Now concerning spiritual gifts, brothers and sisters, I do not want you to be uninformed. You know that when you were pagans, you were enticed and led astray to idols that could not speak. Therefore I want you to understand that no one speaking by the Spirit of God ever says “Let Jesus be cursed!” and no one can say “Jesus is Lord” except by the Holy Spirit.

 

Now there are varieties of gifts, but the same Spirit; and there are varieties of services, but the same Lord; and there are varieties of activities, but it is the same God who activates all of them in everyone. To each is given the manifestation of the Spirit for the common good. To one is given through the Spirit the utterance of wisdom, and to another the utterance of knowledge according to the same Spirit, to another faith by the same Spirit, to another gifts of healing by the one Spirit, to another the working of miracles, to another prophecy, to another the discernment of spirits, to another various kinds of tongues, to another the interpretation of tongues. All these are activated by one and the same Spirit, who allots to each one individually just as the Spirit chooses.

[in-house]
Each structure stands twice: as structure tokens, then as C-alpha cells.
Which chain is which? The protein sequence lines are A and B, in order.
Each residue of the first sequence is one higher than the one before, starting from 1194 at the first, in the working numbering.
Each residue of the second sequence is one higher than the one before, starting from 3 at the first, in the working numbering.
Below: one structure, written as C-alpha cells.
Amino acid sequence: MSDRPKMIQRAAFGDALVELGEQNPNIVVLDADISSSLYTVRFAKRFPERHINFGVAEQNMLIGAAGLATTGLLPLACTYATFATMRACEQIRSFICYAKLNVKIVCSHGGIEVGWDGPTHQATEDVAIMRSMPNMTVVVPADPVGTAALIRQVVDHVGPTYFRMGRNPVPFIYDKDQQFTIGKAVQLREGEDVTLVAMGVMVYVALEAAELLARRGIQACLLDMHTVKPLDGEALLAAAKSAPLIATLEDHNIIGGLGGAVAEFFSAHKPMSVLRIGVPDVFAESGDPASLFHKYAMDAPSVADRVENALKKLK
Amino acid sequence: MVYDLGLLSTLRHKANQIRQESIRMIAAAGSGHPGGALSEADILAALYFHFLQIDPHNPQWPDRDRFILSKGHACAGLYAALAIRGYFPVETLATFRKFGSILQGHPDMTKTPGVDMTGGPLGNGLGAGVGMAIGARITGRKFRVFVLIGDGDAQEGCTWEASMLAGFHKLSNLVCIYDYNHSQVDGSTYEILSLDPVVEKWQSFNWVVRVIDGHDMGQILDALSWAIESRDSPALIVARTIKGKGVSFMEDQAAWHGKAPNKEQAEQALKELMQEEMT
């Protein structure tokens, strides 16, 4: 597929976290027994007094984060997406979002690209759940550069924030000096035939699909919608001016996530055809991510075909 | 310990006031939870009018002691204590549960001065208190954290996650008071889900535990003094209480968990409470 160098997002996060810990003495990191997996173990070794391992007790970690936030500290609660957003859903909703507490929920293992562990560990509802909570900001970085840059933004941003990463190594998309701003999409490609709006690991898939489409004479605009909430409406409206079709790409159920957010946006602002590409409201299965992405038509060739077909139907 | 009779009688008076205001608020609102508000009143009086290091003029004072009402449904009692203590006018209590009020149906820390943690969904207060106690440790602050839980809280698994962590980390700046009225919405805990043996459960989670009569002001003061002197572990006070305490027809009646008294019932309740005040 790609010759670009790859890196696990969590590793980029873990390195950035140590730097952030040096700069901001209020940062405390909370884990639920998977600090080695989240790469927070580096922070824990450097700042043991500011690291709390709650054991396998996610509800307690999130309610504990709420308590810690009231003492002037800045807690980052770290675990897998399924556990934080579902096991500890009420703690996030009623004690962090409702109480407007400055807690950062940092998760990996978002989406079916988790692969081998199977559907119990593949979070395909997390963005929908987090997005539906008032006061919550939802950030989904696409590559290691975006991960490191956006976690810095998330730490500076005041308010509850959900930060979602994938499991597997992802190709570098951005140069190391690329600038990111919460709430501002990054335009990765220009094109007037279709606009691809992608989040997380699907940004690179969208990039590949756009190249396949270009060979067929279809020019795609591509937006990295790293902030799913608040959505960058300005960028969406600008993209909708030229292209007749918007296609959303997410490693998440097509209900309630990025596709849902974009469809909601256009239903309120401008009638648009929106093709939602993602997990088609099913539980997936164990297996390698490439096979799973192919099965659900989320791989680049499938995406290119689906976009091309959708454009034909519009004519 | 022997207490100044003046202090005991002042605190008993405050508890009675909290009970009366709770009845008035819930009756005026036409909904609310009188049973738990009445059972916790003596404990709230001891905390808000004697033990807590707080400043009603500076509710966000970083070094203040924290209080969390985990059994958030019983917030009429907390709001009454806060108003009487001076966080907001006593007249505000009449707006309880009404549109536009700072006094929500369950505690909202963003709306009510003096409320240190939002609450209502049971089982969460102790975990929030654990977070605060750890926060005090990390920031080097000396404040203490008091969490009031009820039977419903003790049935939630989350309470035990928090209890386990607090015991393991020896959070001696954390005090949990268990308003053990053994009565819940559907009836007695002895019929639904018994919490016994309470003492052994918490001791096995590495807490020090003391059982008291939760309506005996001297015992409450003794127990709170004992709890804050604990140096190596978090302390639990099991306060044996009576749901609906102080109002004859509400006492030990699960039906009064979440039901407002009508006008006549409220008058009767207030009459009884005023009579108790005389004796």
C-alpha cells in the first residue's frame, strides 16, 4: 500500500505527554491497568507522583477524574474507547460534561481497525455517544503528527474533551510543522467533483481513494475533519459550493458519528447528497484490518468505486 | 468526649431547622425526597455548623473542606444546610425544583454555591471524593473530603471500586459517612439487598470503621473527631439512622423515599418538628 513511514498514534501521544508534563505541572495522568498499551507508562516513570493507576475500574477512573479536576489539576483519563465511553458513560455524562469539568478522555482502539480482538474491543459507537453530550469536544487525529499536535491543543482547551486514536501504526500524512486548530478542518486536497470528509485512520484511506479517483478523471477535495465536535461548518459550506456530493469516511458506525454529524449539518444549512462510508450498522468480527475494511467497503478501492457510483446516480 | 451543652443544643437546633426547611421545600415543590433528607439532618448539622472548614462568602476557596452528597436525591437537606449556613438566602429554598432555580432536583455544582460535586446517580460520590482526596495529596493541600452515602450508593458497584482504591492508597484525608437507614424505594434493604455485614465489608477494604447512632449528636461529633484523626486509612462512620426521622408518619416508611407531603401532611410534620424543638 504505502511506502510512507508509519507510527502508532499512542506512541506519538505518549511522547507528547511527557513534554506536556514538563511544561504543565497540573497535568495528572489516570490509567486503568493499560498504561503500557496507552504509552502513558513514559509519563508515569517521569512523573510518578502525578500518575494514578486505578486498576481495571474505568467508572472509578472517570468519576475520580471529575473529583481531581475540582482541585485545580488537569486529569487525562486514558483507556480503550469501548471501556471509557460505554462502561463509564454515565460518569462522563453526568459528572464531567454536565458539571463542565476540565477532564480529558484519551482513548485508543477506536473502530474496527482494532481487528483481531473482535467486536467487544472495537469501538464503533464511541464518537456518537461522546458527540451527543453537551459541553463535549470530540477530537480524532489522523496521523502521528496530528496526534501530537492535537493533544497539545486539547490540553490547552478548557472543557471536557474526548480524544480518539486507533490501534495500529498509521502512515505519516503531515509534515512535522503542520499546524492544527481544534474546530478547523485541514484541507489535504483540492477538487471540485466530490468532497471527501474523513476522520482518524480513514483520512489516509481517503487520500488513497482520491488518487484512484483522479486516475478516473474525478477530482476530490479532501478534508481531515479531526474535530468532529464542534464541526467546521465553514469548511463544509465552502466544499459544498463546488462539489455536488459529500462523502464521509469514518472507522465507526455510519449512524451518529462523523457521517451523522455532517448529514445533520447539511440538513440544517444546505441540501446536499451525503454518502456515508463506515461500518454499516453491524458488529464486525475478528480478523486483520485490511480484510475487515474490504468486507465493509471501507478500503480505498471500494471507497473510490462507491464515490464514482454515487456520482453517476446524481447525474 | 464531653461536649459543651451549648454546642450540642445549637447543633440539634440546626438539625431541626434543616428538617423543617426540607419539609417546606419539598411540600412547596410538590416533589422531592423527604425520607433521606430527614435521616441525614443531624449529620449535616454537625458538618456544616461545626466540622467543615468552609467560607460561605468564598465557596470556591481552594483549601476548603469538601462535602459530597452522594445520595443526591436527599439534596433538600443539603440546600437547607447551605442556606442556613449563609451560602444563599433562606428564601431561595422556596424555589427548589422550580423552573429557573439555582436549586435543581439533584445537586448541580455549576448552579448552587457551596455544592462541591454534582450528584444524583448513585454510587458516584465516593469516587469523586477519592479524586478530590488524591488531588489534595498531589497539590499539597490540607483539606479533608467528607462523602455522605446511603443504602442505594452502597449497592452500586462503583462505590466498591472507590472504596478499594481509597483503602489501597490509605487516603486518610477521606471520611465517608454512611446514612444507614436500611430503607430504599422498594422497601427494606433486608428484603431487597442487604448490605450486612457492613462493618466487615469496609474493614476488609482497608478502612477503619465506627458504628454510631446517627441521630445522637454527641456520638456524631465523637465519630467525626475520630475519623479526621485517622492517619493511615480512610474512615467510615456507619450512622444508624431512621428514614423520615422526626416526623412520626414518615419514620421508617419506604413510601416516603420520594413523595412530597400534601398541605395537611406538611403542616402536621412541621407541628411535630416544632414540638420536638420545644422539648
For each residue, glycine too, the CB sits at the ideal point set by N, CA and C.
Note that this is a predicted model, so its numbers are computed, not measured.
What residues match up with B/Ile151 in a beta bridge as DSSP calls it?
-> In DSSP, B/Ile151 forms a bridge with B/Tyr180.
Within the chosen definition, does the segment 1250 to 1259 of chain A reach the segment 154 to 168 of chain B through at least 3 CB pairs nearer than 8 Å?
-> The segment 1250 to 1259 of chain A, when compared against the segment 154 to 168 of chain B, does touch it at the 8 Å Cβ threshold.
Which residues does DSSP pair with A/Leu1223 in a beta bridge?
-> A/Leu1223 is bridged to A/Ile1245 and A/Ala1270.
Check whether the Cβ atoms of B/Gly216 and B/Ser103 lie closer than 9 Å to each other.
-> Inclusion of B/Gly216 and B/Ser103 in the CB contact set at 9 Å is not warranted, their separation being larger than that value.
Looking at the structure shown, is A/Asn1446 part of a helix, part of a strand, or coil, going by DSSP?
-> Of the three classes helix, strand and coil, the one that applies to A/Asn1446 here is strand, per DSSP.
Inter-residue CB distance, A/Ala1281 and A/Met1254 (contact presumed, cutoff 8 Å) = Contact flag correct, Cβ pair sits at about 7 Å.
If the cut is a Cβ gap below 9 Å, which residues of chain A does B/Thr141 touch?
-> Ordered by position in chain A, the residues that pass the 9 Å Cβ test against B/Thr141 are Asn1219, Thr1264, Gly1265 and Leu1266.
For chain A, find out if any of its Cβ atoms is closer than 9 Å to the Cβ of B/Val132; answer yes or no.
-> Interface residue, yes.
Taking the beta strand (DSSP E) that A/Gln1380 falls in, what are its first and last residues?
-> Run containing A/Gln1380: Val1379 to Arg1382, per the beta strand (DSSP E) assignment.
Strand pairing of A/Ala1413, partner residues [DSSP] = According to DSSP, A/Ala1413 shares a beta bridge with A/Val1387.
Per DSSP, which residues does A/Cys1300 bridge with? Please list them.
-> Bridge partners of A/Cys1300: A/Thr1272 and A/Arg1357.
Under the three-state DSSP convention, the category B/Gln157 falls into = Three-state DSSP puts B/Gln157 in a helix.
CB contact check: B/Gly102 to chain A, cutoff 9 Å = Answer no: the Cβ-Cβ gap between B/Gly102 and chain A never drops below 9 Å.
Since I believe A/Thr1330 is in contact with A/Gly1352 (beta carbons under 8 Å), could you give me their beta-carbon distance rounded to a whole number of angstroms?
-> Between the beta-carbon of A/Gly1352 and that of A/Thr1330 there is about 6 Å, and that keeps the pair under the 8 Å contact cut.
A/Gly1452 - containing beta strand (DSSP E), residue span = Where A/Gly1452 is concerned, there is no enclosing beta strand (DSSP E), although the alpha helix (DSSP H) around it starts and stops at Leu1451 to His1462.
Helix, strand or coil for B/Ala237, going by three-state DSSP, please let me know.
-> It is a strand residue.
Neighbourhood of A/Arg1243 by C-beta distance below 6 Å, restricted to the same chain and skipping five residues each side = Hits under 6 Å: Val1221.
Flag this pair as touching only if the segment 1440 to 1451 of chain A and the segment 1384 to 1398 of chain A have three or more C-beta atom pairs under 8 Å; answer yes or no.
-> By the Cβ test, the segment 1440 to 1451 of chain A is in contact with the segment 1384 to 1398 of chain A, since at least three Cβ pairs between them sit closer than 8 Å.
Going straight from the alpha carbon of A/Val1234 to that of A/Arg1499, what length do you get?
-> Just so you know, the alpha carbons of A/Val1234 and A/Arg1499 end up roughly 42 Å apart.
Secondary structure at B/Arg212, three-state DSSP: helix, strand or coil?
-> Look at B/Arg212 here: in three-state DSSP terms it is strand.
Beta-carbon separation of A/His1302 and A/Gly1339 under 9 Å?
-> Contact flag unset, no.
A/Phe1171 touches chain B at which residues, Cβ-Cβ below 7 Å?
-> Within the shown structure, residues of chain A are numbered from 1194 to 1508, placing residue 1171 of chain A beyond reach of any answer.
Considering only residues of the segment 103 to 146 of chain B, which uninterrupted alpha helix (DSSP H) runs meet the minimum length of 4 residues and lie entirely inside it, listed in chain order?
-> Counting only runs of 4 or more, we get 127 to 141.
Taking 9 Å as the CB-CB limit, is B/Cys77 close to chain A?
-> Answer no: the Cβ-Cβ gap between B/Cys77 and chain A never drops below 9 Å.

The Gospel – John 2:1-11